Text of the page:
Why Do We Replace So Many Coils?
Coil replacement has been a part of the HVAC aftermarket for as long as finned tube coils have been used to create heat transfer. The coils installed in the 50’s and 60’s were heavier duty than today’s coils and were almost always spiral fin type with a tension wound fin onto copper tubes. The plate fin didn’t become prevalent until the mid-60’s. By the end of the 70’s, the plate fin had taken over the market place. Another trend during the past 5 decades was the reduction in materials due to the rise in material costs. The following will review USA Coil’s “Top Ten” reasons why so many coils are replaced.
- Coils improperly installed – At USA Coil, we believe that 30% of all coils installed may be non- counter flow type. Therefore, the system is producing 10% to 20% less heat transfer. Coils must be counter flow. When coils are installed with non-counter flow, the number of rows in the direction of air flow create a larger heat transfer deficit.
- Change in application – Many systems have had their required duty changed over the years, especially in leased areas where tenants may have huge swings in required BTUH loads. Sometimes the change is small, and a change in flow on both the air and fluid side can bridge the difference. However, most times, the coil needs to be changed; because there is a need for more surface which includes an increase in rows and fins per inch and a change in circuitry.
- Vibration and Stress – These are very prevalent in condenser coils because moving parts of the HVAC system are near. Parts such as propeller fans and compressors can radiate enough vibration to cause condenser coil leaks. Piping stress is also a factor in all types of coils, and it relates to overall piping weight and the number of piping turns at the coil connections which can cause cracks on the tubes near the tube to header joints.
- Project design issues – Problems can occur when the original design recommends a unit that won’t hold up to the duty and application. We see this often when a standard HVAC unit was installed in a complex industrial environment, but it required heavy wall tubes, fins, stainless steel casings, etc.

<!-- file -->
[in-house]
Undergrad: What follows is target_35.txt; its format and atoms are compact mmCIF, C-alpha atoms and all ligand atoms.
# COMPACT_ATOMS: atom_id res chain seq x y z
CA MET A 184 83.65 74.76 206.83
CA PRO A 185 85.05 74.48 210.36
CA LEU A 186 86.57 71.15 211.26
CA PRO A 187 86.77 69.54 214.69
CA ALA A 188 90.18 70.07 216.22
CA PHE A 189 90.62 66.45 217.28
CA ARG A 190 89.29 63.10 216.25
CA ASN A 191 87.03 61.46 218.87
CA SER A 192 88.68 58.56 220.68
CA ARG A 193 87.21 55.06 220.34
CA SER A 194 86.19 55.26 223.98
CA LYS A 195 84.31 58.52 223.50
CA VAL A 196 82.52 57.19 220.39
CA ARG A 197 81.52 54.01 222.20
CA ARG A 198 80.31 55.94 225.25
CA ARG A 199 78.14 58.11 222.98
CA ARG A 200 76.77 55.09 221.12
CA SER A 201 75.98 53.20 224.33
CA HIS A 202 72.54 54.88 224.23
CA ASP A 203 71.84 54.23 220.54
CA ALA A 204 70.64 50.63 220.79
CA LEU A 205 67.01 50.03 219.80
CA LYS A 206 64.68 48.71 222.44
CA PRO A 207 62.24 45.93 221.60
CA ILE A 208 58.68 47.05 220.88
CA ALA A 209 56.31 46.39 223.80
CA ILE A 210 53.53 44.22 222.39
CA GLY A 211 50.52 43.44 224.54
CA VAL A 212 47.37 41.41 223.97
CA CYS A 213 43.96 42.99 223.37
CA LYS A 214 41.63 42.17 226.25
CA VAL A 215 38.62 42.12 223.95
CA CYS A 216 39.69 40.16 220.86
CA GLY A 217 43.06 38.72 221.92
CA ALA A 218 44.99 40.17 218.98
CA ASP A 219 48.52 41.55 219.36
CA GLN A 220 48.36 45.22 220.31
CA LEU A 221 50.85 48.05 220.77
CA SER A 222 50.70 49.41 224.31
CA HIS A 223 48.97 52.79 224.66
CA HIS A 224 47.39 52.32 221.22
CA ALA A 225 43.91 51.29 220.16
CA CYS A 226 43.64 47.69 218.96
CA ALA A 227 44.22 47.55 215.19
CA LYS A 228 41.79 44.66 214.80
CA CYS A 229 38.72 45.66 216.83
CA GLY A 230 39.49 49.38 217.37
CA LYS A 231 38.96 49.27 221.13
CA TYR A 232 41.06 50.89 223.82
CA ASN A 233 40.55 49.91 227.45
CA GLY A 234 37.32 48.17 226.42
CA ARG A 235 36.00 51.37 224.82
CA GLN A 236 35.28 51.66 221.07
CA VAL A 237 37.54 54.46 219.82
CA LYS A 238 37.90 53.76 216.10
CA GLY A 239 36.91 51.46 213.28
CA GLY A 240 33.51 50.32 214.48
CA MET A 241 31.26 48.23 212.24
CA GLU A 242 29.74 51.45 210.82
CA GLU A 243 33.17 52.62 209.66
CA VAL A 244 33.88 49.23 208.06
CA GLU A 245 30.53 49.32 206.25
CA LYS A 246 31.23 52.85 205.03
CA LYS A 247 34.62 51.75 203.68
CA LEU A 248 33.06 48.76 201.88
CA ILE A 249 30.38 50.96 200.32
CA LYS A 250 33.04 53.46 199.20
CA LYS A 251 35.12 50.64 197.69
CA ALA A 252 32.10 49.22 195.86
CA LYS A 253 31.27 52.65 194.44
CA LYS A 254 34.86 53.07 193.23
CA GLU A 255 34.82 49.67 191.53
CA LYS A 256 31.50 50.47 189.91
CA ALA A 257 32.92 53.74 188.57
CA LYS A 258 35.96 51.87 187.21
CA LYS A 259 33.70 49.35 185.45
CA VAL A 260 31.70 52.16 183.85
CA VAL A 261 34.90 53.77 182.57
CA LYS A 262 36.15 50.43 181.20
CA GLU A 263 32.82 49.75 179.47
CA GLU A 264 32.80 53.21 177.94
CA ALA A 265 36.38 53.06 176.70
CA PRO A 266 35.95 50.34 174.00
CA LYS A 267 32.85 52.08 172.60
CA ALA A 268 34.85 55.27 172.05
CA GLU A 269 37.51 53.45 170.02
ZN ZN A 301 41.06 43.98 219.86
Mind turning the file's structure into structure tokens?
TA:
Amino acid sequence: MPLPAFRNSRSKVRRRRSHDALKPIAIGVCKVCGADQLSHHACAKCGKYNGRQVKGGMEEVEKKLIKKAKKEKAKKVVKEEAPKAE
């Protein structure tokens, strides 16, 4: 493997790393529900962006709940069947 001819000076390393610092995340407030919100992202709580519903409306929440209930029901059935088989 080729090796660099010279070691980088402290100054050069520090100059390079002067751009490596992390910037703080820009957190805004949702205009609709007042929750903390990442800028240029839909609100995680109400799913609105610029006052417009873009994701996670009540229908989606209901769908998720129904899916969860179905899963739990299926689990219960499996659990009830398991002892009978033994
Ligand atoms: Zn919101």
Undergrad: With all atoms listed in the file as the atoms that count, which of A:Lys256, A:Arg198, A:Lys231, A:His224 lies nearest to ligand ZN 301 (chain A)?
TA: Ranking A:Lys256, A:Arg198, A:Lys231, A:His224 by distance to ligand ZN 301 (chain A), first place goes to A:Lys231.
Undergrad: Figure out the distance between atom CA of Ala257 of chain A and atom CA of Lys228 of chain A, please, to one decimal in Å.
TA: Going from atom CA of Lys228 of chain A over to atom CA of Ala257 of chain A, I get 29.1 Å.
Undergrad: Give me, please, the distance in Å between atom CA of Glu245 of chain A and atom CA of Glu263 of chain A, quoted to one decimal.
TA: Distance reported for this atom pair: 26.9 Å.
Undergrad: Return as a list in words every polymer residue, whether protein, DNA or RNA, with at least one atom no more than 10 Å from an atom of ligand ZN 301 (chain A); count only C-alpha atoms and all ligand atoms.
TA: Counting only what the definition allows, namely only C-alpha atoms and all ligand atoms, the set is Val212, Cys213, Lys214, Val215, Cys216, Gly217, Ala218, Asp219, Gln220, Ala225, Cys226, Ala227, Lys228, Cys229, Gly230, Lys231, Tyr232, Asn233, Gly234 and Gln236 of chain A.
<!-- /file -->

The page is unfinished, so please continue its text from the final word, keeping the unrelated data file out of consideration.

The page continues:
- Performance deficit – Many times, coils can never meet their intended capacity. It’s due to air flow and temperature issues that weren’t specified. We have seen countless units that have lower flows (air and water) and water temperatures that weren’t as specified. An example would be a unitary product at the end of a chiller system where the water temperatures to the unit cooling coil were specified as 48 degrees but needed to be 44 degrees. This can reduce the capacity by 20% or more. Adding Glycol after the original installation also creates a huge deficit and requires coil replacement.
- Plugged coils – This occurs due to inadequate maintenance and is often exasperated by the lack of access to the coil entering and leaving side finned areas. A plugged coil can reduce air flow significantly and can also act as an insulator between the primary and secondary surface and the air flow, which reduces capacity even further.
- Inadequate coil design – During the past 2 or 3 decades, light duty coils have been installed everywhere in our industry. We had the all-aluminum phase in the 80’s and 90’s and now the micro-channel design. Today most coils are packaged in units designed to fail in the first 5 to 10 years, and many coils fail just outside the warranty period. This is in sharp contrast to the coils installed in the 50’s and 60’s that lasted 20 to 30 years.
- Air side corrosion – The most important corrosion is a salt laden atmosphere that starts its corrosion at the fin edge where it meets the tube. When a fin is not touching the tube, heat transfer can be reduced drastically, and the white residue produced by this corrosion can reduce air flow as well. Many industrial applications have airborne contaminants that need to be addressed with a coil replacement.
- Tube side corrosion – This can happen for many reasons, but the ones that are most prevalent are 1) raw or treated water corrosion and 2) glycol treatment that can cause corrosion. Steam coils also have corrosive agents building up in the steam condensate. When condensate levels of oxygen, carbon dioxide, or ammonia rise, it eventually causes failure in copper.
- Coil Freeze – This is the big one! This can happen to any coil that has outside air in a cold environment. All that is required to create a freeze event is a damper malfunction or a pump to stop water flow. A freeze is nothing more than fluid in a coil that begins to lose temperature. During the loss of temperature, the fluid turns from a liquid to a solid. This phase is where the pressure inside the coil rises dramatically. The pressure rises until the weakest area of the coil splits open. This is normally on the return bends.